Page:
Large SUV; Built in USA
  • 4-door wagon
  • longitudinal front-engine/rear- or 4-wheel drive
Good condition price range: $5,500 – $21,200*

2001 Toyota Sequoia

2001 Toyota Sequoia

2001 Toyota Sequoia interior

2002 Toyota Sequoia

2002 Toyota Sequoia

  • Automatic-transmission performance
  • Build quality
  • Instruments/controls
  • Passenger and cargo room
  • Fuel economy
  • Maneuverability
  • Brake-pedal feel

Sequoia suffers from all the usual big-SUV vices, but is nonetheless a strong competitor that merits serious consideration as a refined, well-equipped Toyota. Still, rivals match it in many ways while typically towing more than Sequoia’s 6500-pound maximum. They may also be cheaper.


Joining the familiar and long-lived Land Cruiser, Toyota added a second full-size, four-wheel-drive sport-utility vehicle for 2001. Built at the same Indiana plant as the Tundra full-size pickup, the Sequoia was a spinoff of that truck. The four door wagon rivaled the Ford Expedition for bulk, and was the largest vehicle ever offered in the U.S. by a Japanese manufacturer.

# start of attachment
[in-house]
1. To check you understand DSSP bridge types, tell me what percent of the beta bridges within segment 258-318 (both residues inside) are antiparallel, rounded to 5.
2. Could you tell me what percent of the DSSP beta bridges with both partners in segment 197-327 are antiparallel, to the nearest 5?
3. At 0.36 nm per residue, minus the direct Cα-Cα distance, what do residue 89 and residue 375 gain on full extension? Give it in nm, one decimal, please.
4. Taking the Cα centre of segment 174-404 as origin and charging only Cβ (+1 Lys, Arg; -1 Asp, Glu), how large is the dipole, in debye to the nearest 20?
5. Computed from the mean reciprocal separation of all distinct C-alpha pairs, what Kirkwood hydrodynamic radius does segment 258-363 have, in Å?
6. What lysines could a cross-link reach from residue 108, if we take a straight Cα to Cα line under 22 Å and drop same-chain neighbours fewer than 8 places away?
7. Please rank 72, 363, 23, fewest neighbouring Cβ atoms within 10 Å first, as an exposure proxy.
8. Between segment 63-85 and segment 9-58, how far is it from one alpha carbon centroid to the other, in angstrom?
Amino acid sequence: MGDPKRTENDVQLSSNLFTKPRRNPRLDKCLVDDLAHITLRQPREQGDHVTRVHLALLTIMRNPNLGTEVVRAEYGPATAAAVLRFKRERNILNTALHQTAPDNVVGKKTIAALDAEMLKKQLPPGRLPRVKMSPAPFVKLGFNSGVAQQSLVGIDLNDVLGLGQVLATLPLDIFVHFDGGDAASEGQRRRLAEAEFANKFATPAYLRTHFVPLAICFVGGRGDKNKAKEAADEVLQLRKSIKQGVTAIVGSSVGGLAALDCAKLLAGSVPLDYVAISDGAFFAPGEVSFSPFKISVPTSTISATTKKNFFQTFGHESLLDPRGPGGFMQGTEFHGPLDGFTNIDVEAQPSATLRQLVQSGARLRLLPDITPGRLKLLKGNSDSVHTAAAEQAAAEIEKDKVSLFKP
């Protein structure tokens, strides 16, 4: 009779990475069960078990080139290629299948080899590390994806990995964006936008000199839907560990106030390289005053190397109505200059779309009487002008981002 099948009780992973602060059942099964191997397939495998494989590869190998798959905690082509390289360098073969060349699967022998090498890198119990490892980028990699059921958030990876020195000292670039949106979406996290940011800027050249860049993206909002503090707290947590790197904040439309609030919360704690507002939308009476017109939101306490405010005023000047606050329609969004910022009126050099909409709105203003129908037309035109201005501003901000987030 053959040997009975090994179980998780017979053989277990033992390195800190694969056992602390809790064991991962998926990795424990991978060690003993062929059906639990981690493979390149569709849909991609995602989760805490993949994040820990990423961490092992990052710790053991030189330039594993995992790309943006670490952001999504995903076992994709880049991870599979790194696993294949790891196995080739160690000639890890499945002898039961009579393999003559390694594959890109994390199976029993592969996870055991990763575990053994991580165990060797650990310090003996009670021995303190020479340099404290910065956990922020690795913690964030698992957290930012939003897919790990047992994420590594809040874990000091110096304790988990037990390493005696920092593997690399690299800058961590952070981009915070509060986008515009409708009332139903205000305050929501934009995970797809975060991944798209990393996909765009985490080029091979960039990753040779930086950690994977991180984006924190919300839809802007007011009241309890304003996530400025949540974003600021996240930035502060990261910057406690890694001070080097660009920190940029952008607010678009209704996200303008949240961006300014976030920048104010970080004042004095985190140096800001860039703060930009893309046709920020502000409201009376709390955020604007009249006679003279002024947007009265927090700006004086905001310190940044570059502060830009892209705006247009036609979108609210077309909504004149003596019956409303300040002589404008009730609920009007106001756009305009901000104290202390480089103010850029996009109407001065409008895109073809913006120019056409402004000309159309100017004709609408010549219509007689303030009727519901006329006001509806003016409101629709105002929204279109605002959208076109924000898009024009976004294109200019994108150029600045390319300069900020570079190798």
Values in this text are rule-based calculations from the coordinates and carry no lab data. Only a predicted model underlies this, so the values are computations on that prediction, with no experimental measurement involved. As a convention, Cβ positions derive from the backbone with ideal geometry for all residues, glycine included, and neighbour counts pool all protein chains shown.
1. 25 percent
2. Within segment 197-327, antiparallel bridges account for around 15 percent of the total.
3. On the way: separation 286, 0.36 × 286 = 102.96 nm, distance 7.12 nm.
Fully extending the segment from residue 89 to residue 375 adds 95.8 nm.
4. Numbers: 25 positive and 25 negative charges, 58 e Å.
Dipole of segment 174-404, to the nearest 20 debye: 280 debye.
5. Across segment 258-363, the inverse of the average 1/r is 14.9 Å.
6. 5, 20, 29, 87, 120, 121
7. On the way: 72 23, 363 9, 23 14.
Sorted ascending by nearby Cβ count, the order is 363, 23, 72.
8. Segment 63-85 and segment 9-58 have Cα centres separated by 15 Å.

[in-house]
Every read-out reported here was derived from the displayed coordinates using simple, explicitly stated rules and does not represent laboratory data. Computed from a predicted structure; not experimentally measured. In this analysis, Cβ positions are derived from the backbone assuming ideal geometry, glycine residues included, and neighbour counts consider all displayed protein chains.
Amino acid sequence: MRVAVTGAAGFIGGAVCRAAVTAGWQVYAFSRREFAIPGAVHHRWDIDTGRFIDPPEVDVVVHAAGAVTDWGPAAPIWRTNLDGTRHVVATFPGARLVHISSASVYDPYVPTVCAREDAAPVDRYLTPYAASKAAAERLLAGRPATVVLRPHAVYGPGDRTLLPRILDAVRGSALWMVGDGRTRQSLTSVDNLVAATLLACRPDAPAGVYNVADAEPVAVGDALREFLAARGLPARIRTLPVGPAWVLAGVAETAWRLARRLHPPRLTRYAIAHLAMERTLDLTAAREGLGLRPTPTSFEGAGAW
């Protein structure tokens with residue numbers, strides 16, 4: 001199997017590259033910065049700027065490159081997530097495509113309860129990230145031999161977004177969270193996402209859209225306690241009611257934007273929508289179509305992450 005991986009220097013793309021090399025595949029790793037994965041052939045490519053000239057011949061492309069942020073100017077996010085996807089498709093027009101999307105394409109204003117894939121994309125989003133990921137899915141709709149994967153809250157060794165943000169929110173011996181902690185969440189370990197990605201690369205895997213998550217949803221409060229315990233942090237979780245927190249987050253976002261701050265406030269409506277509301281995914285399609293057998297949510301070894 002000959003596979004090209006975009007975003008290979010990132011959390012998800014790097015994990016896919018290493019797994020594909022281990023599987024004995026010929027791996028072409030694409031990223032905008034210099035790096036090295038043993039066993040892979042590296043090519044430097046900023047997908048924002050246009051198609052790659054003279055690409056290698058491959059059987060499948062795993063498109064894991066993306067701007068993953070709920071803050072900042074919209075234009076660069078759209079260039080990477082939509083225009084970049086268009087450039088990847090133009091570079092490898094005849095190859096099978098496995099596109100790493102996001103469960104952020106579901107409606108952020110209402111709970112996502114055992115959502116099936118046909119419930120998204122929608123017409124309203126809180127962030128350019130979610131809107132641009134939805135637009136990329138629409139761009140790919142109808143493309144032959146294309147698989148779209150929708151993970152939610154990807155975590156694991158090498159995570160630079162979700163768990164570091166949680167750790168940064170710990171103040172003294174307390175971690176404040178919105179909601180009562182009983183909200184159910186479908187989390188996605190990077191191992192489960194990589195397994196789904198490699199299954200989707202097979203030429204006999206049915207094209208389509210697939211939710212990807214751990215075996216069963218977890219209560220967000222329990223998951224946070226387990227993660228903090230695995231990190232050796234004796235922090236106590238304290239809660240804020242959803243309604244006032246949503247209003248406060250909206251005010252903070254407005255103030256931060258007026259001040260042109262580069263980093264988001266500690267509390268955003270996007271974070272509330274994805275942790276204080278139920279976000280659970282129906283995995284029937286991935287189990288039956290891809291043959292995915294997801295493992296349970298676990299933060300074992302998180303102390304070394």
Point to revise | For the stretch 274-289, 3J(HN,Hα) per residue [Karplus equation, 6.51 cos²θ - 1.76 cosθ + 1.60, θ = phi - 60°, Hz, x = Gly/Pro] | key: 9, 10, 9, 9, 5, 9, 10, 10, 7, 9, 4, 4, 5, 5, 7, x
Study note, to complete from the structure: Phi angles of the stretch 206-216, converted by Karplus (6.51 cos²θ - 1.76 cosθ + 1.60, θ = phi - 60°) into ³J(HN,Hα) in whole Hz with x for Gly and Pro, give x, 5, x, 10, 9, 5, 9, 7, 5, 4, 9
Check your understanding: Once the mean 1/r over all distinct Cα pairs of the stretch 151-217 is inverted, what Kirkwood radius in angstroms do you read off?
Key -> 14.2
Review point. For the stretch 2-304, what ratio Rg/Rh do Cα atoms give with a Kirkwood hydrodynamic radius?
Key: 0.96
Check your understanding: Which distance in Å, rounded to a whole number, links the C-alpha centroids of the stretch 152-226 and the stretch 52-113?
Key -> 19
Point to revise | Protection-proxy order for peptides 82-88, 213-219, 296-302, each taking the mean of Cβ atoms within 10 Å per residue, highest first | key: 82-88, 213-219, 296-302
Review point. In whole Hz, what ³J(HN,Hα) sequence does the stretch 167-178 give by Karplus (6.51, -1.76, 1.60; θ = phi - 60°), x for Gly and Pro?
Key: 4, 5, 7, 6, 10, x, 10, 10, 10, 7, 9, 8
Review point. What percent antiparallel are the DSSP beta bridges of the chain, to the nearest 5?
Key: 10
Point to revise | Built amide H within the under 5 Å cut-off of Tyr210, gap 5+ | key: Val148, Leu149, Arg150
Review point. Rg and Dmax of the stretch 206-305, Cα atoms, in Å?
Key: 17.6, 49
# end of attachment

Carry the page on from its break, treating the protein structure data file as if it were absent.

Sole engine was the Tundra’s 4.7-liter V8, here rated at 240 horsepower and linked to an automatic transmission. Rear-wheel-drive and four-wheel-drive models were offered, in SR5 and upscale Limited trim. The 4WD system had to be disengaged on dry pavement, but included low-range gearing. A dashboard switch allowed shifting between 2WD and 4WD-High.

Traction control was standard on both versions. Toyota’s Vehicle Stability Control antiskid system was an option. The Sequoia’s independent front suspension was similar to the Tundra’s, but its rear suspension used coil instead of leaf springs for a smoother ride.